What is the Gut-Brain Axis, Anyway?

Though seemingly not the sexiest part of the human anatomy to talk about, the gut is our body’s largest microbiome and its state of health has a huge impact on both physical and cognitive functions. A huge proportion of our immune system resides in our gut, where factors such as stress, pollution, antibiotics and poor diet can create an imbalance in the good bacteria.

Key indicators of disruptions in our gut health go beyond the mere physical, such as chronic digestive problems and fatigue. Brain fog, memory problems, anxiety, depression and even low sex drive can also be put down to this. When we think about it, it’s not that surprising that microbes have such a profound influence on us. After all, they greatly outnumber the human cells in our body by 10 to 1.

The gut is also home to around one hundred million neurons and the tissue which lines your intestines has a whole system of neurotransmitters which are connected to the brain via the vagus nerve. The vagus nerve is like a communication highway between your gut and brain. This back and forth discourse is what is referred to as the gut-brain axis and because of this connection, your memory and learning are affected when the microflora in your microbiome are out of balance.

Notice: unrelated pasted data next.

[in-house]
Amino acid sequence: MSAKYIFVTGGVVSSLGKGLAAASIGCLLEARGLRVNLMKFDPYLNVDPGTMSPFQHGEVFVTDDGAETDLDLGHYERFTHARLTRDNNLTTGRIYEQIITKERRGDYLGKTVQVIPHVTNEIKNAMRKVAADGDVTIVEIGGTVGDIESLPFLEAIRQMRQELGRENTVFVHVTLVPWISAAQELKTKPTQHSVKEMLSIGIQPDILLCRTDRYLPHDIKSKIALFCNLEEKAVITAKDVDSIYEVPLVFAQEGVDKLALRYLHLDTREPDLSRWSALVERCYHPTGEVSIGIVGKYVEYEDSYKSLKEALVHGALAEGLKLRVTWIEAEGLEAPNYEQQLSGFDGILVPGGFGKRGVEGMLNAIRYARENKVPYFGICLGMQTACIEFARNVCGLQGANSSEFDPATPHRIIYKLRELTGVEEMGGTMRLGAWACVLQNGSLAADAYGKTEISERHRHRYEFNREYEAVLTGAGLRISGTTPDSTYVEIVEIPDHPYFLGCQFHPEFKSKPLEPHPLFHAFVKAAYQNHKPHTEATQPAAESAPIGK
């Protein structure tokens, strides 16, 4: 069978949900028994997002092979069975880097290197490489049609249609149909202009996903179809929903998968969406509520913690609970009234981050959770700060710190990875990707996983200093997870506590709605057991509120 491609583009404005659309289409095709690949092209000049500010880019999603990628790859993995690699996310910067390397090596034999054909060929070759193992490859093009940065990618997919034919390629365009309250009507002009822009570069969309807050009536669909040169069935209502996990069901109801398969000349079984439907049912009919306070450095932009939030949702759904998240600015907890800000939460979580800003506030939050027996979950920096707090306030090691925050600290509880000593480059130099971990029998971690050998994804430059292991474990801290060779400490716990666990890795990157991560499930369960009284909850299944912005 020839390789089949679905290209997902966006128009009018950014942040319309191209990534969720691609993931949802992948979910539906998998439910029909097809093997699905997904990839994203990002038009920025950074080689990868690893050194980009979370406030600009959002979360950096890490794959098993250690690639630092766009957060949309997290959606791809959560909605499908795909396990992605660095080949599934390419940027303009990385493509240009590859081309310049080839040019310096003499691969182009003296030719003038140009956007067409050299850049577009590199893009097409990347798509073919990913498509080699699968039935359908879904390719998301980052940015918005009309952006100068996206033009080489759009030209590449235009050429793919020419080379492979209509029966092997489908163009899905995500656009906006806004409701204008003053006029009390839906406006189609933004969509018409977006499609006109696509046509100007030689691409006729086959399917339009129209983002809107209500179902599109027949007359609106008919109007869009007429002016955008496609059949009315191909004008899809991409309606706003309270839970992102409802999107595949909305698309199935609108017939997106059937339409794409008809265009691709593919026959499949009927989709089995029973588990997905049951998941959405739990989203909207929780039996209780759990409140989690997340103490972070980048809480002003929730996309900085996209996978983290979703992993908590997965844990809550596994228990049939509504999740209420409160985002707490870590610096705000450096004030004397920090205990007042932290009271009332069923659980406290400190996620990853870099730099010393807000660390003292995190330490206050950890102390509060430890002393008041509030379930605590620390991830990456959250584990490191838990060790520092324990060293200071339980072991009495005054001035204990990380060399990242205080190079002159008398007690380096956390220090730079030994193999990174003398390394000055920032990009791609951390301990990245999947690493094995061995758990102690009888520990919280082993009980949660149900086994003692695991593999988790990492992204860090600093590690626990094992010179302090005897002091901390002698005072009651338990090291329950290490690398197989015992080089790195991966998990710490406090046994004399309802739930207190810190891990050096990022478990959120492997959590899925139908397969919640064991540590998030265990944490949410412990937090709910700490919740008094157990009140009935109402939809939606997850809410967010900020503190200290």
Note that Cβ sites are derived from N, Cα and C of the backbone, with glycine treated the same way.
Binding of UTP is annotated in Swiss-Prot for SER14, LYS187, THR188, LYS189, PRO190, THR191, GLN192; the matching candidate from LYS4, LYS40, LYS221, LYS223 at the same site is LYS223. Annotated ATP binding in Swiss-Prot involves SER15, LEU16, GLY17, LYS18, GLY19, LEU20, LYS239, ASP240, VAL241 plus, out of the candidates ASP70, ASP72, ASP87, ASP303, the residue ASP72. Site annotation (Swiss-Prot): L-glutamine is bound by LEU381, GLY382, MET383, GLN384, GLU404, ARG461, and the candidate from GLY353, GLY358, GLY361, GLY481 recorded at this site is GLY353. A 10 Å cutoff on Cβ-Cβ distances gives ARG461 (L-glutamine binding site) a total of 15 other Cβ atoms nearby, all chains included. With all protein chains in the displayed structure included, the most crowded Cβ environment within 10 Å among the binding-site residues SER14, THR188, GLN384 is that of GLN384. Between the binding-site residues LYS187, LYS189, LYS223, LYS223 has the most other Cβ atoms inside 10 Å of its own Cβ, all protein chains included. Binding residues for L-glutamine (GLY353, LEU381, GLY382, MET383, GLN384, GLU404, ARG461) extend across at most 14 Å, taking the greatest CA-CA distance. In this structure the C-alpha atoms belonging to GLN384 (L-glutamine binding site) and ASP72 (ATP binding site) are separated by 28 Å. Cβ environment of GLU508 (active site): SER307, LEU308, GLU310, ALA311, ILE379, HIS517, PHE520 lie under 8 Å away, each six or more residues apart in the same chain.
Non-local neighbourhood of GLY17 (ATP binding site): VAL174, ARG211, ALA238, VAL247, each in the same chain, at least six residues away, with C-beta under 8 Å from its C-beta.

The gut-brain axis has been acknowledged by ancient healing practices such as Ayurveda and Chinese medicine for thousands of years, but Western medicine is only just catching up. With more research that’s being carried out in this area, there is growing evidence that gaining a better understanding of the gut-brain axis and our gut microbiota in general will help psychiatrists and psychotherapists create radical new treatments for mental health issues such as anxiety and depression. So far, the majority of tests to date have been in mice, so plenty of further human studies are required in order to truly determine how and why bacteria-based interventions can have a positive effect on mental health. We’re looking forward to seeing how this medical research progresses.

Interested in learning more? Here are our top three book suggestions:

Gut: The Inside Story of Our Body's Most Underrated Organ, by Giulia Enders

This book is written in such a way that it makes you feel like your gut is an old friend. It’s simple, funny and charming, but also really educational too. Plus, we love a book with illustrations.

The Mind-Gut Connection, by Emeran Mayer

Despite being hefty in cutting-edge neuroscience, this book is a practical guide that’s easy enough to follow for those of us who didn’t graduate from med school.

Brain Maker: The Power of Gut Microbes to Heal and Protect Your Brain for Life, by David Perlmutter and Kristin Loberg

One of the most insightful things we learned from this book is that the microbiome develops from birth and evolves based on the environment we grow up in. So both nature and nurture have a part to play in our gut health.

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